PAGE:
That iconic first line, you know it even if you haven’t read the book.

And then there’s the movie. Remember Gregory Peck as Captain Ahab? One briny adrenaline rush after another.

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Here’s an invitation from A New Ishmael.

The stories of Call Me Ishmael are as singular as the books the storytellers choose. 

Phoned in by booklovers like us.  Have a story to tell?

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Here’s my favorite one about the Dictionary and heartache.

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And this one, told by a man who grew up with Sneetches and civil rights.

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Call Me Ishmael is one enthralling literary voyage. The tales are here, in the belly of the whale at Buzzfeed. 

 

Toni 6/11/14

TELL STORIES, RING BELLS, BELIEVE ~ IT’S CHRISTMAS, CAROL

Christmas is the season for kindling the fire of hospitality in the hall, the genial flame of charity in the heart.

~ Washington Irving

I never met a story I didn’t like.  Around every holiday table, my family shares some roaring tales.  It’s such a basic need, isn’t it, our need for story.  And what a handy way to carry our experiences around.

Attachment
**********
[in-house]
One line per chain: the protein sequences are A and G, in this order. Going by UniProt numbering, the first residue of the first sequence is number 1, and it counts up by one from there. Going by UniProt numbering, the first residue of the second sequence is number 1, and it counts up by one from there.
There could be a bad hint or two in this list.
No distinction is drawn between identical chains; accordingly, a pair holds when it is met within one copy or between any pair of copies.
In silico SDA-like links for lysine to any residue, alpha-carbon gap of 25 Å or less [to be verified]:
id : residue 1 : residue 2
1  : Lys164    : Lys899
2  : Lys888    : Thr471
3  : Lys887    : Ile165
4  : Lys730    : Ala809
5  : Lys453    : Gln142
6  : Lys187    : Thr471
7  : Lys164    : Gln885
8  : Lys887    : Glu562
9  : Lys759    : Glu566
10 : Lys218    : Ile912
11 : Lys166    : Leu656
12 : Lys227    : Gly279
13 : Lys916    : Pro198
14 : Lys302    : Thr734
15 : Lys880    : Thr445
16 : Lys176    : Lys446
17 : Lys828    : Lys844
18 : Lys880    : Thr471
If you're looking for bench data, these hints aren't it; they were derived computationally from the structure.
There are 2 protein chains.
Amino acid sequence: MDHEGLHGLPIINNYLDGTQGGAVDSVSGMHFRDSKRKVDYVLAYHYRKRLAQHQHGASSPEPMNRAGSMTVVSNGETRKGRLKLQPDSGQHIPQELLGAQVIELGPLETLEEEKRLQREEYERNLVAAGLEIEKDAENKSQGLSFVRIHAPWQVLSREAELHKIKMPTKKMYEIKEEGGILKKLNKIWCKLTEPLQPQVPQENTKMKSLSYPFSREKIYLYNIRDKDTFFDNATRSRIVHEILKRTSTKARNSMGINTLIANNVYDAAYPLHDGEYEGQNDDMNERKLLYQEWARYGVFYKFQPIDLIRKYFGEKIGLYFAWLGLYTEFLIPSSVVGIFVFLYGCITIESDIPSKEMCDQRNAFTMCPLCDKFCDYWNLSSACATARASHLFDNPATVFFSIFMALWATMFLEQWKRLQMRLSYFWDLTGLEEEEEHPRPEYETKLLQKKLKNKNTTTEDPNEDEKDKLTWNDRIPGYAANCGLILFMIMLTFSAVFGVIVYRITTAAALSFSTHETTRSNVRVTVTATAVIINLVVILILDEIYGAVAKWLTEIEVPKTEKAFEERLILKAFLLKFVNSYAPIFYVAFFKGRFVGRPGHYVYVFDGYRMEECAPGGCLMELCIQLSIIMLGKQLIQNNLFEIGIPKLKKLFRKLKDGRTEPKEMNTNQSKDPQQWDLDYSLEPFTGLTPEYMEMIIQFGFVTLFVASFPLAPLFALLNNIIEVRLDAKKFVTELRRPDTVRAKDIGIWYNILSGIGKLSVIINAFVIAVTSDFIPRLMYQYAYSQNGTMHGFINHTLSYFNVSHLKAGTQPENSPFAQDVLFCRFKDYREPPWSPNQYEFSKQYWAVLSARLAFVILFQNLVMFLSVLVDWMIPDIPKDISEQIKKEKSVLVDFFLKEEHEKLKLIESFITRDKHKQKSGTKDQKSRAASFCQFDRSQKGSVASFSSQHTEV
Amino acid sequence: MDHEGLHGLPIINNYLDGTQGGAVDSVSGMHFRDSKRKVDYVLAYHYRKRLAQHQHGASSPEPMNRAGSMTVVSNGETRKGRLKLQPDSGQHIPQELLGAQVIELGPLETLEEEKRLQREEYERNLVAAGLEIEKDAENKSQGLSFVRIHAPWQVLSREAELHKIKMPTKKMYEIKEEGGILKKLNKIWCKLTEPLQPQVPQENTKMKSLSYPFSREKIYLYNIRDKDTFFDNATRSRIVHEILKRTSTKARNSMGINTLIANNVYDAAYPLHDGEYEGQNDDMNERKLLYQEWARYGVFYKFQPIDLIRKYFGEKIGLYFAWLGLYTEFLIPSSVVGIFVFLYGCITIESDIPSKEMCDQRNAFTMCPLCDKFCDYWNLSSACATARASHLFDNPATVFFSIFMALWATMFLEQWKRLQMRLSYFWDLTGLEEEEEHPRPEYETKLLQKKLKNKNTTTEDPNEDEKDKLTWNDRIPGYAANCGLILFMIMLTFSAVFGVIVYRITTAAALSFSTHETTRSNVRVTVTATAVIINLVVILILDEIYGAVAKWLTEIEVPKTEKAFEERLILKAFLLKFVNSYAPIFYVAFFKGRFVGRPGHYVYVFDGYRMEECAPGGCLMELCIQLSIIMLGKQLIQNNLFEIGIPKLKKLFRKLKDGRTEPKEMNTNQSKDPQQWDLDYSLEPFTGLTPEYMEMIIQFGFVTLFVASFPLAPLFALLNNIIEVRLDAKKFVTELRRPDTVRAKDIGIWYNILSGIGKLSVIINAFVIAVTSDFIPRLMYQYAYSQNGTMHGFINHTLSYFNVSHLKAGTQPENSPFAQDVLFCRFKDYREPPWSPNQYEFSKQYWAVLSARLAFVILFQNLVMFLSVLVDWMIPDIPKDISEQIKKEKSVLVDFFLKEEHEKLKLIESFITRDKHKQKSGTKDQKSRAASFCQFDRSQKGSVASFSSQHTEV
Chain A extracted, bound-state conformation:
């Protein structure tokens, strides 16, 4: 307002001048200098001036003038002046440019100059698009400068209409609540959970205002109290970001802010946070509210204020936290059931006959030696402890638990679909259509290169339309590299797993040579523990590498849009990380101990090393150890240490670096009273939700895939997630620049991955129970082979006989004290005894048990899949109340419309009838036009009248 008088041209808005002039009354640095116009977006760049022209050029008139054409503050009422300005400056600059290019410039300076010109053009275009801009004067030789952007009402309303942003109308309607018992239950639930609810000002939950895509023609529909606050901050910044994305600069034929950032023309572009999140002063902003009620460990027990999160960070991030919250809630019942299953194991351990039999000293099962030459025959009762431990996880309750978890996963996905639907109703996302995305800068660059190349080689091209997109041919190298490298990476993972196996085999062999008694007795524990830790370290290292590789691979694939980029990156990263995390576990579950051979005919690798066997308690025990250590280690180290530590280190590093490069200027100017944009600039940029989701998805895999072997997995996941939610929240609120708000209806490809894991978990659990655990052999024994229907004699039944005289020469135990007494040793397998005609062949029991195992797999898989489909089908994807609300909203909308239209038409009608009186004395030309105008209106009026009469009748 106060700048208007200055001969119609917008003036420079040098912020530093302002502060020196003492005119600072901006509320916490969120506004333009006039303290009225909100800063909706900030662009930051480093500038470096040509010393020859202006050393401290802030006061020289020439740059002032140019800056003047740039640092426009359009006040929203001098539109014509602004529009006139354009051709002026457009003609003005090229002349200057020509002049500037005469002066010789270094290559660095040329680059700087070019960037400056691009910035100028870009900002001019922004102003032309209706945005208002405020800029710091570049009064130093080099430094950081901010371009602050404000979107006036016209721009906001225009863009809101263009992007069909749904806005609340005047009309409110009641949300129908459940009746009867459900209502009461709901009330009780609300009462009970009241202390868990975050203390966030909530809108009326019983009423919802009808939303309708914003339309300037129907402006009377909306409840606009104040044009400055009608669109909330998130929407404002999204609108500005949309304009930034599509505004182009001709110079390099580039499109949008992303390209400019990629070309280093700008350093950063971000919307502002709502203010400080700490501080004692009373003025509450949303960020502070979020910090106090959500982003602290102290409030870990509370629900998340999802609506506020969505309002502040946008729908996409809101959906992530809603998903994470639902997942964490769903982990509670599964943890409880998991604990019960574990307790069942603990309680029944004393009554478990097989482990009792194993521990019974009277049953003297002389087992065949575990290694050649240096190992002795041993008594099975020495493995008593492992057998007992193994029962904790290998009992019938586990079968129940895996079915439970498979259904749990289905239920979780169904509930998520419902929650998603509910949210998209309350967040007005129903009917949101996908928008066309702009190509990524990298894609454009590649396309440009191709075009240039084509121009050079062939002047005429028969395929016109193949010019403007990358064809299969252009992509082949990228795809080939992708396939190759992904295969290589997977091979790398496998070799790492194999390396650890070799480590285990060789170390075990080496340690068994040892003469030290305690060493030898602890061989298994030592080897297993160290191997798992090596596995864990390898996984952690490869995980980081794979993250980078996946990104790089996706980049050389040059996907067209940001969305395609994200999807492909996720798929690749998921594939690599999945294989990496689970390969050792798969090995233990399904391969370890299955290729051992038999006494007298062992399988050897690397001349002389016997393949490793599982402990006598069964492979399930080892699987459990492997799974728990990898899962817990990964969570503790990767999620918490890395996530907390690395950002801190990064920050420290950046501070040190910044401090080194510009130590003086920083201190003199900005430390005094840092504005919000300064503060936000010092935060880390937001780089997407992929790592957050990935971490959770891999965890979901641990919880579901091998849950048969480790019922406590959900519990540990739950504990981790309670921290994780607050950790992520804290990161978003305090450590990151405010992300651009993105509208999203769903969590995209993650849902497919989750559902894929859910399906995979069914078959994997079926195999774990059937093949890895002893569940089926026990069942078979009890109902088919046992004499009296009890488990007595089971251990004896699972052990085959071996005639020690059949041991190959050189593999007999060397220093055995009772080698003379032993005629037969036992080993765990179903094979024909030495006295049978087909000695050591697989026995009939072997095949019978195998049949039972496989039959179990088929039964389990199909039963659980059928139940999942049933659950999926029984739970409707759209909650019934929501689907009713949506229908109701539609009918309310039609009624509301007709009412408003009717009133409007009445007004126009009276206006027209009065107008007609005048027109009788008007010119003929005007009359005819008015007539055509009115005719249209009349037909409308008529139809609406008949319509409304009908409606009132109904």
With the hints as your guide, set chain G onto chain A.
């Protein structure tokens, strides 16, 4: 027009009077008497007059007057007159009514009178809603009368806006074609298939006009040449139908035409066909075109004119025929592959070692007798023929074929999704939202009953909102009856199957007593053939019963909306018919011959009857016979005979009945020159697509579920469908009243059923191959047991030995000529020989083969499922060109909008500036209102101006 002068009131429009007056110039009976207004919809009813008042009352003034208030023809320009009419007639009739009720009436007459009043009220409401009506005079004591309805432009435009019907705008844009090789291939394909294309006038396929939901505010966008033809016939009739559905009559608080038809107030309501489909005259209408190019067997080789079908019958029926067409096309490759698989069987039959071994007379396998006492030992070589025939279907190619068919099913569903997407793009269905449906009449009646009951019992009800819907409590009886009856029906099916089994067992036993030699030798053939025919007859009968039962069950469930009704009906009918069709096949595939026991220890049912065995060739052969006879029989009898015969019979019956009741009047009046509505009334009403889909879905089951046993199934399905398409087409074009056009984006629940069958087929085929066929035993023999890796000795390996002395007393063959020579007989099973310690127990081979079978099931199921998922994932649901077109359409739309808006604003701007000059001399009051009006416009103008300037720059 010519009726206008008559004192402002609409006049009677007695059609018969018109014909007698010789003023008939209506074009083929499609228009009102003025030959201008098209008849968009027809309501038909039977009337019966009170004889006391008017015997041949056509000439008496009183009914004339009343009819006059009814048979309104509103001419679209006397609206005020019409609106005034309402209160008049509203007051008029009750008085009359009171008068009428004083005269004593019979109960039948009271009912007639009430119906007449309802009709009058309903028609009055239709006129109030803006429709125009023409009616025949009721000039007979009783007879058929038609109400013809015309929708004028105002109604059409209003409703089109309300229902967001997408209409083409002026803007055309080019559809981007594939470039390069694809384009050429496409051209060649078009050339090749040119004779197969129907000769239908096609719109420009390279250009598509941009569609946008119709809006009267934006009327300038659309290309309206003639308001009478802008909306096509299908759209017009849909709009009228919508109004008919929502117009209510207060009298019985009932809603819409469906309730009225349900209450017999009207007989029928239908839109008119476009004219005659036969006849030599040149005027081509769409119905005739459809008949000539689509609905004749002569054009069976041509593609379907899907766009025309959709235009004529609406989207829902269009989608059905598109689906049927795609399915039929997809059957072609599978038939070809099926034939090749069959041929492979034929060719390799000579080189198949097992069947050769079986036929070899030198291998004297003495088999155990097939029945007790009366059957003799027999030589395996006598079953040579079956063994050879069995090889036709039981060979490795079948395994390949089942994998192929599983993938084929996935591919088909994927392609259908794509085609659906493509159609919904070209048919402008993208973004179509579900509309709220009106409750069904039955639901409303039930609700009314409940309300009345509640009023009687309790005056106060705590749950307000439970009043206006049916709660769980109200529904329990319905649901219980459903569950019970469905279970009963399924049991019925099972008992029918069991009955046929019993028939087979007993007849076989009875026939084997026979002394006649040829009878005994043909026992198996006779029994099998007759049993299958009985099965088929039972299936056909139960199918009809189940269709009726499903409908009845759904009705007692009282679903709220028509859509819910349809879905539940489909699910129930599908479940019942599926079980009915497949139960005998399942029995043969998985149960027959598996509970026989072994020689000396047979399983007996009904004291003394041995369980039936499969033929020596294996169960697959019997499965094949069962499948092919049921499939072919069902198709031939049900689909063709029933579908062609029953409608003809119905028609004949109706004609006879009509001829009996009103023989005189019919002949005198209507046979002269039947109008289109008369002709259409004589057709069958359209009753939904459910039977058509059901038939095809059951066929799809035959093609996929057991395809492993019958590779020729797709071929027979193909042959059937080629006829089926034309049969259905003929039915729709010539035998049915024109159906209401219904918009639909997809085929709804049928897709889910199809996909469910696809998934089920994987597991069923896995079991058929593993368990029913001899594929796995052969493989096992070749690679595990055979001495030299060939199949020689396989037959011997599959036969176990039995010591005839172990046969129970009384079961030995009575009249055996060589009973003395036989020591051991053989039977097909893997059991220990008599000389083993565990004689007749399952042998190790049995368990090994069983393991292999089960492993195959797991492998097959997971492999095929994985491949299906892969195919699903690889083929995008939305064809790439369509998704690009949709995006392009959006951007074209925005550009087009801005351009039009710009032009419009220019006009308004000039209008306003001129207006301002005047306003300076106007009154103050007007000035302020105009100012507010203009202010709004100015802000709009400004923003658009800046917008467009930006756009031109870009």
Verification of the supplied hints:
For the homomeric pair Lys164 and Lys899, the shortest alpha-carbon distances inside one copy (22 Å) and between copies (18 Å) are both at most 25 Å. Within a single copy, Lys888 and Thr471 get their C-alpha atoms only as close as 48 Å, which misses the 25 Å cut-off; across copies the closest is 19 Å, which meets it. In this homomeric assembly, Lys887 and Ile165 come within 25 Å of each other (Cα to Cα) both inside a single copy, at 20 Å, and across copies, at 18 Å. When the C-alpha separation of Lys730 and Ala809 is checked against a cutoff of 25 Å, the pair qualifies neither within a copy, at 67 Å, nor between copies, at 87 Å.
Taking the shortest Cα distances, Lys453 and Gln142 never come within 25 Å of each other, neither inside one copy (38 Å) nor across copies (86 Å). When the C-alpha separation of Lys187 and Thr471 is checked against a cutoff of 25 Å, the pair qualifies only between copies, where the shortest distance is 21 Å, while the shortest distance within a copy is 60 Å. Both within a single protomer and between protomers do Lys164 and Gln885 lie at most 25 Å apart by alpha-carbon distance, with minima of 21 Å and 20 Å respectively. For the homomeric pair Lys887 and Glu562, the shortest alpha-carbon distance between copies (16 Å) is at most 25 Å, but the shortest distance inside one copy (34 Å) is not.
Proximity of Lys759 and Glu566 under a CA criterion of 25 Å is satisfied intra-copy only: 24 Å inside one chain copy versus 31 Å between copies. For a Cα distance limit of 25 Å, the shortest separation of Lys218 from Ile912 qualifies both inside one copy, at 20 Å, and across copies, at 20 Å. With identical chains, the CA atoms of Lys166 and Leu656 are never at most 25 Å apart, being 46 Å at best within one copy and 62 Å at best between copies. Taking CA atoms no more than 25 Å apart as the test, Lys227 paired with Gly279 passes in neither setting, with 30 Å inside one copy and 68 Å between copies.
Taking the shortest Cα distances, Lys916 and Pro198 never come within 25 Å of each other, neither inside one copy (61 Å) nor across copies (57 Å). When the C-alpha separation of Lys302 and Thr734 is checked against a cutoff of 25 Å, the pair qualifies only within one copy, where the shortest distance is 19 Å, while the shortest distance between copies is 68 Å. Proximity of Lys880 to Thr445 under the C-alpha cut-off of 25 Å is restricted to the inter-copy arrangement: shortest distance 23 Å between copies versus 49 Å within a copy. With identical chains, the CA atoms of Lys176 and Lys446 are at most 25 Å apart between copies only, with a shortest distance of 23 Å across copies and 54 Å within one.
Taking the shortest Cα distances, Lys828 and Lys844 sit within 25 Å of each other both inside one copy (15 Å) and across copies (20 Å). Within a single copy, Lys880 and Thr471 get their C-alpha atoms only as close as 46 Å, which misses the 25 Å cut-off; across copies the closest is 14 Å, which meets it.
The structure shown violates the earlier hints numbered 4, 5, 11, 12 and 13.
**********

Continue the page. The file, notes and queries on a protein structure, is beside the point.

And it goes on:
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Writer Abigail Thomas talks about story as container. She says the shape can be anything – a soup pot, a trapeze, a funnel.  I think Loretta Lynn found a sublime container in the structure of song.

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The coal miner’s daughter remembers a lot.  And it all goes into the mix. Every song that she’s ever written is about some story that happened to her or someone she knows. She hangs onto the truth and puts it to music. Profoundly human stuff.

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In addition to penning two autobiographies, Lynn wrote an autobiographical cookbook. Someone get me a copy of You’re Cookin’ It Country, please. I want to learn to make her mama’s lemon whippersnappers!

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Author Willa Cather grew up in the village of Back Creek, Virginia.

The Cathers had a hired girl named Margie, and when Margie would go home to visit her mother, she brought young Willa with her. Margie’s mother was illiterate, a hill woman from Timber Ridge. But Willa soaked in the stories Margie’s momma told — the gossip, family feuds, tales of lovers and murderers and legacies from the Civil War. Later, Willa dramatized the Appalachian memoir and made it the stuff of fiction.

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So, as Abigail Thomas says, memoir is about this is how it was. Musical stories, oral stories, recorded stories.  So listen closely, keep an open mind, leave room for surprise….and write it down.

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‘Tis the season to do as my friend Carol does ~ sing some songs, ring some bells, stop at all the Salvation Army kettles. Wish someone, everyone, a happy holiday.  Especially your friends and relatives for always being there. And especially this Christmas, we all need each other to help us Believe.

May Angels Lead You into 2013.

12/25/12  Toni